# Interobserver Agreement (IOA)

Interobserver Agreement (IOA) refers to the degree to which two or more independent observers report the same observed values after measuring the same events.

4 Benefits of IOA

1. Determine the competence of new observers (when IOA is low)
2. Detect observer drift over the course of a study (when IOA is low)
3. Increases confidence that the target behavior was clearly defined (when IOA is high)
4. Confirms that change in data is due to change in behavior and not in data collection (when IOA is high)

4 Methods for collecting IOA

1. Total count IOA – this is the simplest and least exact method.  IOA = smaller count / larger count * 100.  Caution must be used because there is no guarantee that the observers are recording the same instances of the behavior.
2. Mean count-per-interval IOA – The chance to have a more accurate representation of IOA is by
1. dividing up the total observation period into a series of smaller counting times and
2. having the observers record the number of occurrences of behavior within each interval
3. calculating the agreement between the observer counts within each interval
4. using the agreements per interval as the basis for calculating the IOA for the total observation period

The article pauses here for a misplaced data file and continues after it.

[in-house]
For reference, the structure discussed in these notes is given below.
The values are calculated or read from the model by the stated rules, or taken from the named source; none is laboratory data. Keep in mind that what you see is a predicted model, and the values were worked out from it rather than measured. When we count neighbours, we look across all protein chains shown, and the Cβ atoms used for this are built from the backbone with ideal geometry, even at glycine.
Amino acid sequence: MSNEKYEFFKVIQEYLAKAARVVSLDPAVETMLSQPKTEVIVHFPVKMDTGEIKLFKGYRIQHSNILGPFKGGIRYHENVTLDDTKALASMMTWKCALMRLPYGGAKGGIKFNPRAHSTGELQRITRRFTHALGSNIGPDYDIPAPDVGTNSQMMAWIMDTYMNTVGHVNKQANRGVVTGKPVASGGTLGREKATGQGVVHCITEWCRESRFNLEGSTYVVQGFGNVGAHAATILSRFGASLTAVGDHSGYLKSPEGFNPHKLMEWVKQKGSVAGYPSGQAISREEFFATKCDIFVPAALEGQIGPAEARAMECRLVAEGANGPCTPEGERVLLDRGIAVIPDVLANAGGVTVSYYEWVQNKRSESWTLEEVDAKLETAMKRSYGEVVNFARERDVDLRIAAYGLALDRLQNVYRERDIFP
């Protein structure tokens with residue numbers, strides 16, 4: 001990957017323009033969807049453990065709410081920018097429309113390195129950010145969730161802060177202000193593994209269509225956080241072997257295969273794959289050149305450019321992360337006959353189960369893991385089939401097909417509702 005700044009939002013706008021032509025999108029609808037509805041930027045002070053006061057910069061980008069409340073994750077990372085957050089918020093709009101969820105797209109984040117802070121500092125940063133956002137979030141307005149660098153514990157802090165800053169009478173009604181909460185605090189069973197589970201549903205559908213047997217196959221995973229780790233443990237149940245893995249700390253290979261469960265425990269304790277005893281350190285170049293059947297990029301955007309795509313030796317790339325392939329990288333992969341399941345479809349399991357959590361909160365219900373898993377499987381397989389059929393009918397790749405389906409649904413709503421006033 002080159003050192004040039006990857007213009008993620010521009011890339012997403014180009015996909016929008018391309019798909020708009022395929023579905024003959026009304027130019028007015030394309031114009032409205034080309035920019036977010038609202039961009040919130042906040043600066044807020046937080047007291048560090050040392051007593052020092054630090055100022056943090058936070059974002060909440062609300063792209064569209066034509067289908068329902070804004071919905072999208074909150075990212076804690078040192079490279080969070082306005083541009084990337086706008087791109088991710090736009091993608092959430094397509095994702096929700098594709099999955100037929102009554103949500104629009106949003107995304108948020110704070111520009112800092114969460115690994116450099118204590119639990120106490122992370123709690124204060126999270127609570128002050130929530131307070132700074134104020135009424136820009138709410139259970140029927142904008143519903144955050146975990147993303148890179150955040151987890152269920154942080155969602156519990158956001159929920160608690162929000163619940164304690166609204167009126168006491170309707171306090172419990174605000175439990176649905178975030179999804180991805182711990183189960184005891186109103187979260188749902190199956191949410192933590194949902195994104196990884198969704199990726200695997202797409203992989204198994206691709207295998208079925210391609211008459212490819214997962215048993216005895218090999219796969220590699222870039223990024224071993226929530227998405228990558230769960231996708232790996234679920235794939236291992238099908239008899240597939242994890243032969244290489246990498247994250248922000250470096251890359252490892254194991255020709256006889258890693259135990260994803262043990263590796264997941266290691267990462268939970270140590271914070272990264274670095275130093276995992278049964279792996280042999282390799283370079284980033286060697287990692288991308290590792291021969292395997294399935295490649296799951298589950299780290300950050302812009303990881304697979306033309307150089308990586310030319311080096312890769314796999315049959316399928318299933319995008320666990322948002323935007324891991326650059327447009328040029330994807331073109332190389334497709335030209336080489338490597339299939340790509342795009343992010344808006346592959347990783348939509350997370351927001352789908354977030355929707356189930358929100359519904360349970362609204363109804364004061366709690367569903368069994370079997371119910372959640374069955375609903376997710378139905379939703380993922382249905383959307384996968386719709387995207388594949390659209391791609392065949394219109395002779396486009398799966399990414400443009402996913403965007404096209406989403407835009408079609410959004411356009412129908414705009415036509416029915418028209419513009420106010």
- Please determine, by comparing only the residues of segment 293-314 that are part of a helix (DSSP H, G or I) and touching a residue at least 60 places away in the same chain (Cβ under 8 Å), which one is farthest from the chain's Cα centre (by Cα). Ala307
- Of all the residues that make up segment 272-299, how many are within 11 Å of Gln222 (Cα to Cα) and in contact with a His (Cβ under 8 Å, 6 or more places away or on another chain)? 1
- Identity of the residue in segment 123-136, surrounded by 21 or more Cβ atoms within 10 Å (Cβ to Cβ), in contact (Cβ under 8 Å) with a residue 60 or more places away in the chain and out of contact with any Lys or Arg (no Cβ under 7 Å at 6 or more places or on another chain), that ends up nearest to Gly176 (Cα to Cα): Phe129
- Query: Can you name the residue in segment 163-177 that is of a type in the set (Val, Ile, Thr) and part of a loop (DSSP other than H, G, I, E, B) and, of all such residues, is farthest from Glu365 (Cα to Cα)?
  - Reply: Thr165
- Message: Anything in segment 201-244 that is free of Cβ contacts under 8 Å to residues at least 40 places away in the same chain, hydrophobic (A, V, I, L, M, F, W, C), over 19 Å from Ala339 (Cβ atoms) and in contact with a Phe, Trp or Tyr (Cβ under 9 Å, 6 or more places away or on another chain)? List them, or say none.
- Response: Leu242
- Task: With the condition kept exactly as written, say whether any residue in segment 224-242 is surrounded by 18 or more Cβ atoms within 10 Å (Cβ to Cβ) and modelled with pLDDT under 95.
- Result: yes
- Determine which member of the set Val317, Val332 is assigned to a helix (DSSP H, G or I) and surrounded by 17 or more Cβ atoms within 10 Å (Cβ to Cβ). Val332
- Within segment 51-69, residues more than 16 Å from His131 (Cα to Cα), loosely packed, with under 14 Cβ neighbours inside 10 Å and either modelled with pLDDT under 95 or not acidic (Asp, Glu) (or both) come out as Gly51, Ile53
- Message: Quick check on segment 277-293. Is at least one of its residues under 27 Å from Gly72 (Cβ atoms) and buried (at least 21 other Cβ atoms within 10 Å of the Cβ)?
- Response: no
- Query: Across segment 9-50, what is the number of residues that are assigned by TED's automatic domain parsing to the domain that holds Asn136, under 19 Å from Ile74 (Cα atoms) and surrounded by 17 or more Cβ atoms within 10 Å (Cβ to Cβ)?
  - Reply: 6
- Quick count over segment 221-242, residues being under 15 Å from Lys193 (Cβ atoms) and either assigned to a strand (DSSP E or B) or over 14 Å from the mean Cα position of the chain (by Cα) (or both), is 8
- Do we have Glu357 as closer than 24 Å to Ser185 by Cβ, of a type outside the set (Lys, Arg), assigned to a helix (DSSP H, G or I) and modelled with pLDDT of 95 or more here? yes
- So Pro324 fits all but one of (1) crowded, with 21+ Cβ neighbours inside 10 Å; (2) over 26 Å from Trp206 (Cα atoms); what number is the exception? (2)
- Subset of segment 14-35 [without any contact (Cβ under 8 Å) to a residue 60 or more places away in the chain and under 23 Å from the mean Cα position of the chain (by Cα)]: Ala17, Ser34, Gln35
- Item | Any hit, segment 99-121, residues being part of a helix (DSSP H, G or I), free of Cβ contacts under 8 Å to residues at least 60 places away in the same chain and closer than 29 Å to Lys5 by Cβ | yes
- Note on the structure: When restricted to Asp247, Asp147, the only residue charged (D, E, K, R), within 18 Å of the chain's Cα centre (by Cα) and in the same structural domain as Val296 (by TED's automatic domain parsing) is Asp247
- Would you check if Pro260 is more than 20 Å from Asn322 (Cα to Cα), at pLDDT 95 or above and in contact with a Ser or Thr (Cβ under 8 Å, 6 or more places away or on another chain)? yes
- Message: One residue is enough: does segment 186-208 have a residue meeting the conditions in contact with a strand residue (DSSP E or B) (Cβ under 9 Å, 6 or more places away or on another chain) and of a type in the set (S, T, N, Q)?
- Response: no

5. IOA = int 1 IOA + int 2 IOA …+ int N IOA / n intervals * 100
3. Exact Count-per-interval IOA – is the most exact way to count IOA.  This is the percent of intervals in which observers record the same count.  IOA = # of intervals at 100% IOA / n intervals * 100
4. Trial-by-trial IOA – # of trials items agreement / # of trials * 100

Interval IOA

1. In Scored interval IOA, you determine the number of intervals that have a “yes.”  Then you divide the number of those that agree by the total number of those intervals.
2. In Unscored Interval IOA, you do the same for the Scored Interval IOA, except you take the number of intervals that have a “no.”

Reliable vs. Accurate Data

Reliable data is data that gives the same results each time you measure it.

Accurate data is data that is correct.

Reliable data is not always accurate, but accurate data is always reliable.